If you’ve seen “Dark” on Netflix then you’re familiar with the 33-year cycle. If you’re not, the basic synopsis is that a solar year is actually 365.25 days in length, not a solid 365 days. Because of that, every 33 years the luni-solar cycle is completed bringing the lunar months back in sync with the solar seasons.
In the show (and this isn’t a spoiler), history repeats itself in some form every 33 years in part because of this phenomenon. At least I think that’s the case. It was very hard to follow.
Thirty-three years ago, Villanova stunned heavily favored Georgetown to capture the first national title in program history. On Monday night, it will be a heavily favored Wildcats team this time that attempts to cut down the nets repeat that history from 1985.
With all due respect to the 33-year cycle, it’s Villanova’s second national championship run that bears an eerie resemblance to what we’ve seen from Jay Wright’s team over the past month.
The 2015-16 Wildcats rolled to the national title with the most statistically impressive performance in the modern history of the NCAA tournament. Two years later, ‘Nova has a chance to become the most efficient offensive team since Ken Pomeroy began tracking the statistic in 2002.
The similarities don’t stop there. Let’s take it round by round.
The biggest difference between 2016 and 2018 is that Villanova was a No. 2 seed two years ago, and a top seed currently. No matter, the box scores from two opening round wins are nearly identical.
In 2016, ‘Nova led 40-26 at the half, shot 57.9 percent from the field, hit 13 of 28 three-point attempts, and took down UNC Asheville, 86-56.
In 2018, the Wildcats led 44-23 at the half, shot 59.6 percent from the field, made 14 of 27 three-point attempts, and took down Radford, 87-61.
A more impressive but equally resounding beatdown came in round two of both years.
In 2016, Villanova blitzed seventh-seeded Iowa, 87-68 in a game that was never really in doubt. This year, the Wildcats had no trouble with Collin Sexton and ninth-seeded Alabama, cruising to an 81-58 triumph.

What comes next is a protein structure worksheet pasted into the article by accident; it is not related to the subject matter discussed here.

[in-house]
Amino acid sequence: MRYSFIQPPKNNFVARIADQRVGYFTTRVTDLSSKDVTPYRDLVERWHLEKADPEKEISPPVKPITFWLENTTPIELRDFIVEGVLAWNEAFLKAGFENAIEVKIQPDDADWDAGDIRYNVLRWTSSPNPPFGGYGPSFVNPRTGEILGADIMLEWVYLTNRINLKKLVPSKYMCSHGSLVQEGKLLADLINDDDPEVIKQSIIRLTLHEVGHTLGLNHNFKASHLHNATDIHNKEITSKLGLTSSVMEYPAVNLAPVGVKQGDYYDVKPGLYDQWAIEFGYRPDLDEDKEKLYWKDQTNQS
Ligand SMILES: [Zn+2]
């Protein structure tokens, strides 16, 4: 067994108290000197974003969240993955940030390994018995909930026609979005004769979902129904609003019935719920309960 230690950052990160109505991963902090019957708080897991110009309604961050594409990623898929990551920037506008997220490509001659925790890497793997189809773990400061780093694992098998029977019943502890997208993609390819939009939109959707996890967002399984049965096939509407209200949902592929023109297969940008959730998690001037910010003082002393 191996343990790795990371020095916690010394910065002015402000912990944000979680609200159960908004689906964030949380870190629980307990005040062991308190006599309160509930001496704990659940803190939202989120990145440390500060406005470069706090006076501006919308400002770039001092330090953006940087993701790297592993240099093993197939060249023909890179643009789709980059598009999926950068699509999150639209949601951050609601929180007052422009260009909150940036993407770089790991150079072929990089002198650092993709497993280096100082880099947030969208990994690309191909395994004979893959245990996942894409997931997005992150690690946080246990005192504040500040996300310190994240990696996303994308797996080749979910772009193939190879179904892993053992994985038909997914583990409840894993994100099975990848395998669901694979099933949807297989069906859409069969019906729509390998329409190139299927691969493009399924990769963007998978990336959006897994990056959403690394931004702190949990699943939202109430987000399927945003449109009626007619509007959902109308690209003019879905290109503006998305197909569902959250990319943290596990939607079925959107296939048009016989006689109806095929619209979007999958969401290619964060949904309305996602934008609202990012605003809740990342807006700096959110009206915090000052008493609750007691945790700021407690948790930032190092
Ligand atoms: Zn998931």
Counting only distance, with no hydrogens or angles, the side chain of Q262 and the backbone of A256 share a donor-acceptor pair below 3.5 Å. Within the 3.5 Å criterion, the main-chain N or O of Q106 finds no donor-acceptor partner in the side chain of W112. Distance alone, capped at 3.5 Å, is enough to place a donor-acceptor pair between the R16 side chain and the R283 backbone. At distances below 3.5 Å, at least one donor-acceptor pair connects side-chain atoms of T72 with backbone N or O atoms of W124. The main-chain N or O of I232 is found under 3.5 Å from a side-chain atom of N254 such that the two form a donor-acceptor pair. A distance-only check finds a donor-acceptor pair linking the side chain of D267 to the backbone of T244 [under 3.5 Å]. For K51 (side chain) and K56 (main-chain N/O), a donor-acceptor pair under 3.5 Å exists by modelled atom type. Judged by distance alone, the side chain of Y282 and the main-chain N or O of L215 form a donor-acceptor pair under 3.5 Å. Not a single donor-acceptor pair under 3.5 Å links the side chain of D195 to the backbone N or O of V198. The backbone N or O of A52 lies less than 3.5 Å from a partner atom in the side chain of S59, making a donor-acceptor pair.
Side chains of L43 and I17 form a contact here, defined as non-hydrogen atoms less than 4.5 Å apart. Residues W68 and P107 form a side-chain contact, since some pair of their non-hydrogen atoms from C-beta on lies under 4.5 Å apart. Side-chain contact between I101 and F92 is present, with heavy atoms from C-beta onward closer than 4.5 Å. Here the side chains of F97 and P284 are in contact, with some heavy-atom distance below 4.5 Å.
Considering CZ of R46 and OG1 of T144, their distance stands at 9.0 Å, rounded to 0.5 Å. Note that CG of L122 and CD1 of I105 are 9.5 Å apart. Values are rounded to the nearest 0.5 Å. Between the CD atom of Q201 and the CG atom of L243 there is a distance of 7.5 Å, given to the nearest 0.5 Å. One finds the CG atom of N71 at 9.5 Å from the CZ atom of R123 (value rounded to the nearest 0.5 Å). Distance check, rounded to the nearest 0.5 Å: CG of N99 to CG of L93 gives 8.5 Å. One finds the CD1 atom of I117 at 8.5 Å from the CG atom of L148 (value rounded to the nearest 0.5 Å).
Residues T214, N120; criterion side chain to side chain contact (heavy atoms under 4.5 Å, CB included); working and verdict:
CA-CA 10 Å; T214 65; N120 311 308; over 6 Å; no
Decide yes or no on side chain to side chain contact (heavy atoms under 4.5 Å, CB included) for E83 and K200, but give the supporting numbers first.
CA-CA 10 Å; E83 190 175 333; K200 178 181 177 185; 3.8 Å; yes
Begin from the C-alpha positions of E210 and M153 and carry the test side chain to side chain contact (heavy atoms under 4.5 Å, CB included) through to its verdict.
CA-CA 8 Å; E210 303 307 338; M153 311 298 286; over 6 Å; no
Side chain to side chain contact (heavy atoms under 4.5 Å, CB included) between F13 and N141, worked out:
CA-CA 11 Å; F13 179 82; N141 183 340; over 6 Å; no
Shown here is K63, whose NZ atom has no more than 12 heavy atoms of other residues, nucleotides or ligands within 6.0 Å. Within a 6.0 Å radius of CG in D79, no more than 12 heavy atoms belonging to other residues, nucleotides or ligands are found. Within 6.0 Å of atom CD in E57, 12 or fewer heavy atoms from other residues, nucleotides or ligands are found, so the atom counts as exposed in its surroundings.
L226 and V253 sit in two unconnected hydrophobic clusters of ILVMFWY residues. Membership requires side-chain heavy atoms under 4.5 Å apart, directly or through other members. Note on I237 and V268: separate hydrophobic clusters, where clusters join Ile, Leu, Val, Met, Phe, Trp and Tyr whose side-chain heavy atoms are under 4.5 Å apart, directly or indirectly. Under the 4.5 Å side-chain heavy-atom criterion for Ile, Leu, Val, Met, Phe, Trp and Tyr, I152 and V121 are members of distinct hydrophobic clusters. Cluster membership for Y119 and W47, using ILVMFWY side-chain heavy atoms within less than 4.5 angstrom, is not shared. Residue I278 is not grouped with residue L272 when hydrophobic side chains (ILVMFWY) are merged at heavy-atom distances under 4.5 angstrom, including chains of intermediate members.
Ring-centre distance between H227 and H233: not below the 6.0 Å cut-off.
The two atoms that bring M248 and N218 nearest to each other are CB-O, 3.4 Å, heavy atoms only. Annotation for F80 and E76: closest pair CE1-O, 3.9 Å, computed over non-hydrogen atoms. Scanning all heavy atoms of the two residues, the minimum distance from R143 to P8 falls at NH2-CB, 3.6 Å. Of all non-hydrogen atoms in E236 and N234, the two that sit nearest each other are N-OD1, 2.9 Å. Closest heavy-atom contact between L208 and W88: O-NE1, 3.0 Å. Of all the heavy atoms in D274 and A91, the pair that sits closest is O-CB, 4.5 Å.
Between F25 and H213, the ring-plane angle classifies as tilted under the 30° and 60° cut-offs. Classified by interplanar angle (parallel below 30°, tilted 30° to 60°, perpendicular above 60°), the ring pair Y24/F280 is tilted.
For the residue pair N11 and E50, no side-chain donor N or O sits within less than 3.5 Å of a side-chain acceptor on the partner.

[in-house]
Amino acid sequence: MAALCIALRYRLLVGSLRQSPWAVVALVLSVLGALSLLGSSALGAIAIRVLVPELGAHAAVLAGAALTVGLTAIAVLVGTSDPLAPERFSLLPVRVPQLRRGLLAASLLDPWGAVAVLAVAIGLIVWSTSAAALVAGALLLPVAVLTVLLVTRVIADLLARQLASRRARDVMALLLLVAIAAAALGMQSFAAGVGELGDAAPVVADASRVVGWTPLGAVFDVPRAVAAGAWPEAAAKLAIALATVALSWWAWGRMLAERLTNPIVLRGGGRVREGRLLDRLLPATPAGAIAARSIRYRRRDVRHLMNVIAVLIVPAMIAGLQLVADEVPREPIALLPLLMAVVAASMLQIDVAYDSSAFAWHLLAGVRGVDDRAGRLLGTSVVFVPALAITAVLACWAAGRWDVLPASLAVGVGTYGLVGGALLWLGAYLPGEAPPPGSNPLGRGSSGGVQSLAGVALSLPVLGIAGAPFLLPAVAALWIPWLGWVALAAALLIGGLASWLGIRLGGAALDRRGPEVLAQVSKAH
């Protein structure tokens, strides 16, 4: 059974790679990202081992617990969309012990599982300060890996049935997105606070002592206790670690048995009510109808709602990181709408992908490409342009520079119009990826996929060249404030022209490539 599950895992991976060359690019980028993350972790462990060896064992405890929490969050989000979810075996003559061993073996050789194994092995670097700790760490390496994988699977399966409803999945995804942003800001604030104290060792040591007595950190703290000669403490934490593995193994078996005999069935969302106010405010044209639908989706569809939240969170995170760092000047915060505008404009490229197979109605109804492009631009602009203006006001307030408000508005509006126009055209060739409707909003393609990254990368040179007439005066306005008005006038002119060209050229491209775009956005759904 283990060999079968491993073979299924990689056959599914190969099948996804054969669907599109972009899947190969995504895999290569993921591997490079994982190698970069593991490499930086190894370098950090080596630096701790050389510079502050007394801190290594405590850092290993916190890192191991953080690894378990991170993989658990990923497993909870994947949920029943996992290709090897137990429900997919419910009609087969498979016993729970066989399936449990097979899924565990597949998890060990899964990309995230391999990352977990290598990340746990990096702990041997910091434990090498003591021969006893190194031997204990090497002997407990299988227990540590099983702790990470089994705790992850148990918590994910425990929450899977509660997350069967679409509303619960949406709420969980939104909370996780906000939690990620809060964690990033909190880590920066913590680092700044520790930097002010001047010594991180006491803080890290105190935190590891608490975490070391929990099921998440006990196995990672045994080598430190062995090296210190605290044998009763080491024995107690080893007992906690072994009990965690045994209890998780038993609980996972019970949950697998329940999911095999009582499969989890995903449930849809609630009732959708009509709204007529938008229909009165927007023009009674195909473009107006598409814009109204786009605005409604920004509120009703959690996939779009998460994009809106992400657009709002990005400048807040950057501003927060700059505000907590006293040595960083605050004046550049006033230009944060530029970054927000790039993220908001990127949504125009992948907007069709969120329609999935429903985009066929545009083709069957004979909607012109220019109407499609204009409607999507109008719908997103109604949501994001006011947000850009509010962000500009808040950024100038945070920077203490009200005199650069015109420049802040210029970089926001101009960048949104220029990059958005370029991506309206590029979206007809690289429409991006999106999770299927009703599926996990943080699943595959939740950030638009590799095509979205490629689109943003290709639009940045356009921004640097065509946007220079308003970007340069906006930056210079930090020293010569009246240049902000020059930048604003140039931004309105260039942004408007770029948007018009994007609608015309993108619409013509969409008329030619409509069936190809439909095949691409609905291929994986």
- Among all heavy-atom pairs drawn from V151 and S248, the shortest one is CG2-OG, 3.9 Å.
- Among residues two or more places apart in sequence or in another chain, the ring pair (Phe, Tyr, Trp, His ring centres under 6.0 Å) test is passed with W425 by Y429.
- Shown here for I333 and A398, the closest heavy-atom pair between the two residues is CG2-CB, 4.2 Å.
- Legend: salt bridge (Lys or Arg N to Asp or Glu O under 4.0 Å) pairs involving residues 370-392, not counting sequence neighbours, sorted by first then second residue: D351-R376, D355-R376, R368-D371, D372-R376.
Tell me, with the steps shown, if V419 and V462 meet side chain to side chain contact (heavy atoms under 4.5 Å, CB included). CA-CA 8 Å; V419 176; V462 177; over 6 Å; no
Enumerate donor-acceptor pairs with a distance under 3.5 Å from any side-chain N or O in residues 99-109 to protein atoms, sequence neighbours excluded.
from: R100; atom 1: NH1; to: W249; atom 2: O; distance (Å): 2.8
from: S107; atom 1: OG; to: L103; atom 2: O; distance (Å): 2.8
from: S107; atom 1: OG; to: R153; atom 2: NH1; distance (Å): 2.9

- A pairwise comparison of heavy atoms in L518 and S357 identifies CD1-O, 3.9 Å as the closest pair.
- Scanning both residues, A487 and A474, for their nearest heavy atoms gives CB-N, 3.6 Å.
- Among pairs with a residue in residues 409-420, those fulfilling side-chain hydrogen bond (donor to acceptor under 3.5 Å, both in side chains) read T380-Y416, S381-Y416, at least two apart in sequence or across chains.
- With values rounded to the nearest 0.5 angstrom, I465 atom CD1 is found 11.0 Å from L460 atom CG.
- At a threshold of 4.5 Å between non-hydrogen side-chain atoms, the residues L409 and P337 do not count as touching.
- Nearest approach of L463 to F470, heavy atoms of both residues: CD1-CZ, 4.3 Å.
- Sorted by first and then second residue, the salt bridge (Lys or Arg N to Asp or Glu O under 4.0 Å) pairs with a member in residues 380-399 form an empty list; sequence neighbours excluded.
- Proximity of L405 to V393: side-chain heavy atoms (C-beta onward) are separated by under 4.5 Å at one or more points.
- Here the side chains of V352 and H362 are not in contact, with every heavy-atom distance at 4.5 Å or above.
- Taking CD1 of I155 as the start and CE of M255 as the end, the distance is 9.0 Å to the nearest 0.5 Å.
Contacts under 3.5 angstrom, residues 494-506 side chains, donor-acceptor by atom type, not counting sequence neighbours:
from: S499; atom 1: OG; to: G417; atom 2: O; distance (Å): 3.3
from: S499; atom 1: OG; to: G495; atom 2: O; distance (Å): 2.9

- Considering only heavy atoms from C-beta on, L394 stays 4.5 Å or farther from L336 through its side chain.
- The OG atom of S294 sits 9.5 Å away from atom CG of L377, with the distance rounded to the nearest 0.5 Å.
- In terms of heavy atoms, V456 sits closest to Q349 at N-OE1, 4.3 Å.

The onslaught continued in the Sweet 16, where Villanova dispatched of two very well thought of opponents thanks to outrageous offensive efforts.
Two years ago, Ryan Arcidiacono and company broke open a tight game against third-seeded Miami in the second half. They hit 18 free-throws, 10 threes and scored 49 second half points on their way to a 92-69 win.
It was also a close game at the break for this year’s Wildcats, which led 5-seed West Virginia just 44-42 at intermission. Villanova then exploded for 46 second half points, made 13 threes and 23 free-throws in a 90-78 victory.
Here’s where things get downright creepy. In both years, it was in this round that Villanova’s offense finally looked mortal and where the Wildcats were the most susceptible to being picked off.
Two years ago, ‘Nova made a tournament low four three-pointers and scored a tournament low 64 points in a regional final win over Kansas that was hard to watch at times. Last weekend, the Wildcats made a tournament low four three-pointers and scored a tournament low 71 points in a rock fight win over Texas Tech.
Villanova made history in 2016 with a 95-51 win over Oklahoma that set a new record for margin of victory in a national semifinal. On Saturday, the Wildcats made history again in a Final Four blowout, setting a new national semifinal record for made three-pointers with 18. They broke the old record (13) less than two minutes into the second half.
Villanova’s total number of points through five NCAA tournament games in 2016: 424.
Villanova’s total number of points through five NCAA tournament games in 2018: 424.
National Championship Game
You never want to guarantee that a national title game is going to be a classic, but if there were ever a year to do just that ...
Two-year cycle. Somebody look into this.